“That came later. Rory was five years my senior. My father thought himself well out of it. Then along came this squawling boy child with a shock of luxuriant hair the color of freshly turned Delta soil and a penis the size of Long Island.”
The unfortunate Donna appeared at the table as he pronounced these last words and dropped the water pitcher. She knelt to mop up the spill and managed to rise just as Rancor stood up, thus finding herself nose to nose with the aforementioned organ. Charity felt sorry for her. That blush must really hurt.
“Will there, will there be anything else…sir?”
“Thanks. She’ll take the check.” He waved at Charity. “I need to pee.”
The two women watched the tight jeans walk away, gulping in unison.
Charity didn’t have a chance to resume her interrogation until they returned to her apartment. When she dropped her sweater on the back of the couch, Rancor picked it up and took it to the closet before heading into the kitchen.
“You hadn’t finished about your birth…I mean childhood.” Moving on for now, if only for Donna’s sake.
He returned with two glasses. Handing one to her, he observed, “The last of the Glenlivet. You might want to pop into the liquor store tomorrow.”
Mind-boggling. “Your childhood?”
“Yes, well, Father was not amused by the arrival of said infant. He claimed it was Clara’s revenge for his negative attitude. Or was it for the fireworks he set off when Clara told him Rory would be the last?” His upper lip twisted. “According to Mother, he picked me up by the scruff of my neck, shook me, and declared me to be the spawn of her rancor. Hence the name. I am eternally grateful he didn’t name me ‘Spite.’ ”
Charity found herself at a loss for words. Rancor interpreted her silence as an invitation to take her in his arms, spilling both their drinks. “Rancor!”
“Damn. Now you’ll have to go out immediately for more whiskey. Do you want me to accompany you?” “No.” The man is utterly oblivious.
“All right. I’ll wait for you here.” He poured what was left of the whiskey into one of the glasses and knocked it off. When she made no move toward the door, he sighed. “I guess it can wait.” An unproductive pause later, he sighed again. “But enough about me. What about you? Did you finish the article?”
“I have a single column drafted on the discovery, with more to follow. I sure hope we hear from Captain Kelly tonight.”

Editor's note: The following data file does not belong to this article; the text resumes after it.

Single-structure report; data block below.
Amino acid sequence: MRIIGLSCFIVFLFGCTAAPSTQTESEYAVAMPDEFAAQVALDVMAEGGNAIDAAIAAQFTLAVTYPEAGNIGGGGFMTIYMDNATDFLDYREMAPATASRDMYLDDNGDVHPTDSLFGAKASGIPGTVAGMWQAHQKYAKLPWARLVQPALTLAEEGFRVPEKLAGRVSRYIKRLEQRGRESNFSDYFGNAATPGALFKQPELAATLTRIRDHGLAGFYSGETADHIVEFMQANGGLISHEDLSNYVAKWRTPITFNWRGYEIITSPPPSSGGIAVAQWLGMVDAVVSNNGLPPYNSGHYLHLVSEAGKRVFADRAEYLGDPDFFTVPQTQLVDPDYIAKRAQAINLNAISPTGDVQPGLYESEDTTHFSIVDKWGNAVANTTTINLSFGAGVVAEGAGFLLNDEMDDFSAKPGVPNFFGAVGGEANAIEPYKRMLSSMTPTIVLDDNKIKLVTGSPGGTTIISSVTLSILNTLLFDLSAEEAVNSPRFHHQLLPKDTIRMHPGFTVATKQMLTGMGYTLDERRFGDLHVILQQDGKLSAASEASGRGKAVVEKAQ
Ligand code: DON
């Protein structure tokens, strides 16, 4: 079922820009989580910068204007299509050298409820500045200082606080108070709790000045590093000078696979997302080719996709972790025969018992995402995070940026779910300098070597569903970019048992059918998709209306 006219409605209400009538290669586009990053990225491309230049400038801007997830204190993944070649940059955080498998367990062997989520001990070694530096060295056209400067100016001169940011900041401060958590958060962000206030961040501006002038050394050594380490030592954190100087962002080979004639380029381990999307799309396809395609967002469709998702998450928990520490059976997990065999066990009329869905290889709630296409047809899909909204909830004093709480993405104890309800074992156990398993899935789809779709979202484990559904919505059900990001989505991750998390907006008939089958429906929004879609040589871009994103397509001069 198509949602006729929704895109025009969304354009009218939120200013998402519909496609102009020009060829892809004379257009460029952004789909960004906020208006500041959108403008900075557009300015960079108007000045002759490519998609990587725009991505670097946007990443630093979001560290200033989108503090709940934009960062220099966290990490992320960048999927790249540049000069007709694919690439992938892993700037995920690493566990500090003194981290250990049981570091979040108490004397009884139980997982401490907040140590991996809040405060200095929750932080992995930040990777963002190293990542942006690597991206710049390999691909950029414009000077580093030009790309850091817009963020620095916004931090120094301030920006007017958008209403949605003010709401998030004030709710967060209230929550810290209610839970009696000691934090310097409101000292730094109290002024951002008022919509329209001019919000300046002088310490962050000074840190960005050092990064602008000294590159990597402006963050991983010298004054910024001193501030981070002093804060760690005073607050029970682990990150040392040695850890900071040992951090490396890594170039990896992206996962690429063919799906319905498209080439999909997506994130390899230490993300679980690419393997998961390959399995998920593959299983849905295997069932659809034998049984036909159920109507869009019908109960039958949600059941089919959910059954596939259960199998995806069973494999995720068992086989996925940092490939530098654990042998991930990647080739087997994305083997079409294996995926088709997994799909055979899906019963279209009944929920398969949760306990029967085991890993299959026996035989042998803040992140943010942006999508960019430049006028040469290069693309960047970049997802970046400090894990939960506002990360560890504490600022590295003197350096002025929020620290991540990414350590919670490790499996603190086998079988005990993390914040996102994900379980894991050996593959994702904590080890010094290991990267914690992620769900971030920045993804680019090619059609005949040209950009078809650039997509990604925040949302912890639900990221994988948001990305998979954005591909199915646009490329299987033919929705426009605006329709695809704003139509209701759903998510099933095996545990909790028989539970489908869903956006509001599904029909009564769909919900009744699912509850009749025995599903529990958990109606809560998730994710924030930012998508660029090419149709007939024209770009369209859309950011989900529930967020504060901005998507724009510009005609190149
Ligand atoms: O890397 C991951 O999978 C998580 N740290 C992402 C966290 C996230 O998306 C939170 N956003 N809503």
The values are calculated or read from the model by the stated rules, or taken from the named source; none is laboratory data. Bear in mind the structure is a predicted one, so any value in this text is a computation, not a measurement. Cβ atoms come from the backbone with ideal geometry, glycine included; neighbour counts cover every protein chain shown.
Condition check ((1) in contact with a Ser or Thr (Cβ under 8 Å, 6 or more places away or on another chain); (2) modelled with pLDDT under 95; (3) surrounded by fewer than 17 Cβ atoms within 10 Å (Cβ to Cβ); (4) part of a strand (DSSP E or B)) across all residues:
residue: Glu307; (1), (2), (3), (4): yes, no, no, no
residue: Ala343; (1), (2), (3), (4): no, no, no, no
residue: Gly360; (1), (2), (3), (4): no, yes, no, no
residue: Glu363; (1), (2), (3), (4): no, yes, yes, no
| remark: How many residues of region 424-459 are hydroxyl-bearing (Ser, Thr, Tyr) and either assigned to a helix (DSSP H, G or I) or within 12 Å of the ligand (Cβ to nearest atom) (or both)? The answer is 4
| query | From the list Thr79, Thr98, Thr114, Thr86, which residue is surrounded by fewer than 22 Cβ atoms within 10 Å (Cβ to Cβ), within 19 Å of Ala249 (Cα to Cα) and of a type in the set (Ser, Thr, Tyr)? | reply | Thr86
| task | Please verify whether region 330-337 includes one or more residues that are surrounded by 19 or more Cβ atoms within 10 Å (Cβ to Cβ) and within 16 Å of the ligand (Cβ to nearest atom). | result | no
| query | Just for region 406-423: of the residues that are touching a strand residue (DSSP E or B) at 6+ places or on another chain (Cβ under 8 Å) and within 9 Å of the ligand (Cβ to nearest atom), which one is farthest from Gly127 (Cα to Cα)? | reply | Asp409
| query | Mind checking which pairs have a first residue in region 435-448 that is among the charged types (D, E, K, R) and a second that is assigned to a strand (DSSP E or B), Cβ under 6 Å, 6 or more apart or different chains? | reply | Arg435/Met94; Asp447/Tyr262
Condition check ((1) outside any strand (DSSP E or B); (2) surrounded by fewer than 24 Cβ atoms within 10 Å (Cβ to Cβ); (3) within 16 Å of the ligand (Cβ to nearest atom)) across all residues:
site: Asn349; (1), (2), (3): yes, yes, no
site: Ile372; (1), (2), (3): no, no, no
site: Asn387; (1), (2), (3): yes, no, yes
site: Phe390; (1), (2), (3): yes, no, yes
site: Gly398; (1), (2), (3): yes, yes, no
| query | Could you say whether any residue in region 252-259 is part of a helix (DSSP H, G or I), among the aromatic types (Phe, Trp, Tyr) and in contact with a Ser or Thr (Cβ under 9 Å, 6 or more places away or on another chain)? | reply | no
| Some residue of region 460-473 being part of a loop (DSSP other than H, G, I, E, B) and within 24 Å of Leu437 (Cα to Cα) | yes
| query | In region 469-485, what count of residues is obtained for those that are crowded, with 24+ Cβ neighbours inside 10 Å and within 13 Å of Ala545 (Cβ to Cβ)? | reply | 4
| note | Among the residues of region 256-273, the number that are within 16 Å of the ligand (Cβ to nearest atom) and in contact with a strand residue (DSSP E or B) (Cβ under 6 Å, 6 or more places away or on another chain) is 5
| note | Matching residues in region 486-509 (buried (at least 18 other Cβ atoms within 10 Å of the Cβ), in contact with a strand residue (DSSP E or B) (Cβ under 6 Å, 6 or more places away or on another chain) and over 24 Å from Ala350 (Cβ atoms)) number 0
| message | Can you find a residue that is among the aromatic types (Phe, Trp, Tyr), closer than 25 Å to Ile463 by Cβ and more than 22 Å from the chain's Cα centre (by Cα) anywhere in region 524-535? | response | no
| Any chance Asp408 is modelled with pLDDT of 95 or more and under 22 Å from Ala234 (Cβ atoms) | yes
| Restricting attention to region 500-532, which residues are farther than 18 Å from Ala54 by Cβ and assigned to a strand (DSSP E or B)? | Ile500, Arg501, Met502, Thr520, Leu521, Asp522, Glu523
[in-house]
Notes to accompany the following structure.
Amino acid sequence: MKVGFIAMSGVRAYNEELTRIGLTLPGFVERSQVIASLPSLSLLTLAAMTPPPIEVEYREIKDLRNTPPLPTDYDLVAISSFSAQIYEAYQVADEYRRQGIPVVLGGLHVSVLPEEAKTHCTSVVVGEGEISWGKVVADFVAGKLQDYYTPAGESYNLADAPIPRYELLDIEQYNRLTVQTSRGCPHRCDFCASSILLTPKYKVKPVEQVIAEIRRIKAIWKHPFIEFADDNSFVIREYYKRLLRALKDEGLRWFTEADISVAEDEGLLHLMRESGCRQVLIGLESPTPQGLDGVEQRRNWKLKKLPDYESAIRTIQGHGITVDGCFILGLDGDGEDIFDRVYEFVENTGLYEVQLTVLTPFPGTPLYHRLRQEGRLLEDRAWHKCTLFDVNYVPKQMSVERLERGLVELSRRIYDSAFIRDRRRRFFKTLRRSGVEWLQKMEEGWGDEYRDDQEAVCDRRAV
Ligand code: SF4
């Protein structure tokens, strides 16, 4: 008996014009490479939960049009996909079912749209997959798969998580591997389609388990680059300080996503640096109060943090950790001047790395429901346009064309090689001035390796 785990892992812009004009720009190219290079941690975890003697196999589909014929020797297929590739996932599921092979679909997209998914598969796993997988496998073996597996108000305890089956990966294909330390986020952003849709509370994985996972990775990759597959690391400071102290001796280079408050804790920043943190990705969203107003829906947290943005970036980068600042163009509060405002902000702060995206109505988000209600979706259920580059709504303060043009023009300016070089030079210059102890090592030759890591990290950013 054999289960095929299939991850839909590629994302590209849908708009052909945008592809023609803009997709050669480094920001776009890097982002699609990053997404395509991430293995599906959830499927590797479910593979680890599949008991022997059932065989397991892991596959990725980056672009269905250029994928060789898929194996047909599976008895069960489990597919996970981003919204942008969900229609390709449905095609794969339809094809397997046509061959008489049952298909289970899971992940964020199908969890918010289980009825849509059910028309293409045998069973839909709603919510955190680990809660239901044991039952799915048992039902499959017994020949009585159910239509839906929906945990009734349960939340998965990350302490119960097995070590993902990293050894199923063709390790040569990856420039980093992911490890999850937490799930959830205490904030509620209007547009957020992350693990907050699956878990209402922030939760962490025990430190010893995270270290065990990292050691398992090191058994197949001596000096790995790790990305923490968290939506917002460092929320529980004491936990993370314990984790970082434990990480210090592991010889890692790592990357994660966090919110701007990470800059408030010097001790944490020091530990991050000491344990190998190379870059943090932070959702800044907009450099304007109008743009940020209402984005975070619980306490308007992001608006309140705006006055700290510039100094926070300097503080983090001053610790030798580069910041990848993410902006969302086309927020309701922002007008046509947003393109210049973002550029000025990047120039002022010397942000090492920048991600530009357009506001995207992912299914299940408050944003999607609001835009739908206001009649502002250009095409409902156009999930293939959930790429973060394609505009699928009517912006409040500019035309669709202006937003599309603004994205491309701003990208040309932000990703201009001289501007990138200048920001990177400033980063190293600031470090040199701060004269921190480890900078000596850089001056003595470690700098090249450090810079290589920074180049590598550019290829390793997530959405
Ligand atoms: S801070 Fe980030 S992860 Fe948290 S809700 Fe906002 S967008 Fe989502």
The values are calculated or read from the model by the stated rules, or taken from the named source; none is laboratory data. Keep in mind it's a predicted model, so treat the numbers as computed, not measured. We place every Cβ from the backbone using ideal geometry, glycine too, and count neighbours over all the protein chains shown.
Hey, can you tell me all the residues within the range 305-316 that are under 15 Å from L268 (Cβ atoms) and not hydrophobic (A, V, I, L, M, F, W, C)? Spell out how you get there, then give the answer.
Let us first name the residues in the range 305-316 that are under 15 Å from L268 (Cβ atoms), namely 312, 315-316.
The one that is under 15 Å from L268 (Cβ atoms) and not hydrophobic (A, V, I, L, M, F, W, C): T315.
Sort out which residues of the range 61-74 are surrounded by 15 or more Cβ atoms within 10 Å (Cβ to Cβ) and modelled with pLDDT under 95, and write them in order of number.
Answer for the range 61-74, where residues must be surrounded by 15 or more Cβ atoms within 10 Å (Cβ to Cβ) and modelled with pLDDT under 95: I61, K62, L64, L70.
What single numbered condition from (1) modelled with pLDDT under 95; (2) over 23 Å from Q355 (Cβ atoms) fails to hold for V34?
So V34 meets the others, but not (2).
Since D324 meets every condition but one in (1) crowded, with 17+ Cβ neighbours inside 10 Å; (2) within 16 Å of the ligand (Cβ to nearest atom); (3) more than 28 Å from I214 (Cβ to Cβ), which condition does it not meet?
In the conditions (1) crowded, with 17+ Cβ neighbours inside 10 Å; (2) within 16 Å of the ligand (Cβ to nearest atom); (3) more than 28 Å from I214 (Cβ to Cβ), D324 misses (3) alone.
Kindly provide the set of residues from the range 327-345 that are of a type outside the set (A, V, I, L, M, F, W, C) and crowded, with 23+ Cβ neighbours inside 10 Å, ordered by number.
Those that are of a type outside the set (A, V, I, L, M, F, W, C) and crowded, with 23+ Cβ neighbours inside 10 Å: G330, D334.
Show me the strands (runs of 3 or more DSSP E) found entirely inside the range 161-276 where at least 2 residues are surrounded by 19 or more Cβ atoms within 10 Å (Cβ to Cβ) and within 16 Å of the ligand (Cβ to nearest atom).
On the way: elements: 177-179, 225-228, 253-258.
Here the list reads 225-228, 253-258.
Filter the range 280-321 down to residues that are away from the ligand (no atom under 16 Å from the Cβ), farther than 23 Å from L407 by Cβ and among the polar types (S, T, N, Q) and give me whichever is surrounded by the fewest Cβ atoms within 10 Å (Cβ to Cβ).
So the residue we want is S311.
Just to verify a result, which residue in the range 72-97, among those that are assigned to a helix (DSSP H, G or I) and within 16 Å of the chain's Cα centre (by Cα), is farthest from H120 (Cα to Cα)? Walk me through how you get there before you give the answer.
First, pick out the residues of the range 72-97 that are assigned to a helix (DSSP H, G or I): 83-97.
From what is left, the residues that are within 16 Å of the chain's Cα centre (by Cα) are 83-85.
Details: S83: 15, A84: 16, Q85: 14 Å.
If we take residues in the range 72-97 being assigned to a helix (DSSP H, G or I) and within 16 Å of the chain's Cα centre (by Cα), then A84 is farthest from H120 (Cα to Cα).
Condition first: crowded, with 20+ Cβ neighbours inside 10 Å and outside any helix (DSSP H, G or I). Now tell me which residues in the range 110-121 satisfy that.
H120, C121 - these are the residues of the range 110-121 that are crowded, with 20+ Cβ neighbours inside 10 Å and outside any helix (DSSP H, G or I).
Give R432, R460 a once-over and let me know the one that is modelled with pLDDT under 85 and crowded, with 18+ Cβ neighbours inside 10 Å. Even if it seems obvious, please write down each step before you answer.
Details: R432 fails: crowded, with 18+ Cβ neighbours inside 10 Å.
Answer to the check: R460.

He checked his watch. “It’s almost eight o’clock. Don’t expect anything today. Also, tomorrow is Sunday, and somehow I doubt the good professor works on the Sabbath.”
She said uncharitably, “Well, it’s a sure bet he doesn’t go to church.”
“However, I do. I noticed the Longboat Chapel has a service at ten. Care to join me?” Her jaw dropped.
“I’ll consider that a yes.” He stretched. “I’m going to take a shower.” His fingers grazed her breast. “Early to bed, you know.”
After a suitable interval, she followed him. The rest of the night went pretty much like the night before had.
Only upside down and backward.
The Wild Rose Press, January 22, 2018 (Crimson Rose)
Mystery, Humorous/Romantic Comedy
418 p.; 97370 words
Barnes and Noble: https://www.barnesandnoble.com/w/the-pit-and-the-passion-m-s-spencer/1127750685?ean=2940158925351
Although M. S. Spencer has lived or traveled in five of the seven continents, the last thirty years were spent mostly in Washington, D.C. as a librarian, Congressional staff assistant, speechwriter, editor, birdwatcher, policy wonk, non-profit director, and parent. After many years in academia, she worked for the U.S. Senate, the U.S. Department of the Interior, in several library systems, both public and academic, and at the Torpedo Factory Art Center.
Ms. Spencer has published eleven romantic suspense novels, and has two more in utero. She has two fabulous grown children and an incredible granddaughter. She divides her time between the Gulf Coast of Florida and a tiny village in Maine.
Linked in: www.linkedin.com/in/msspencerauthor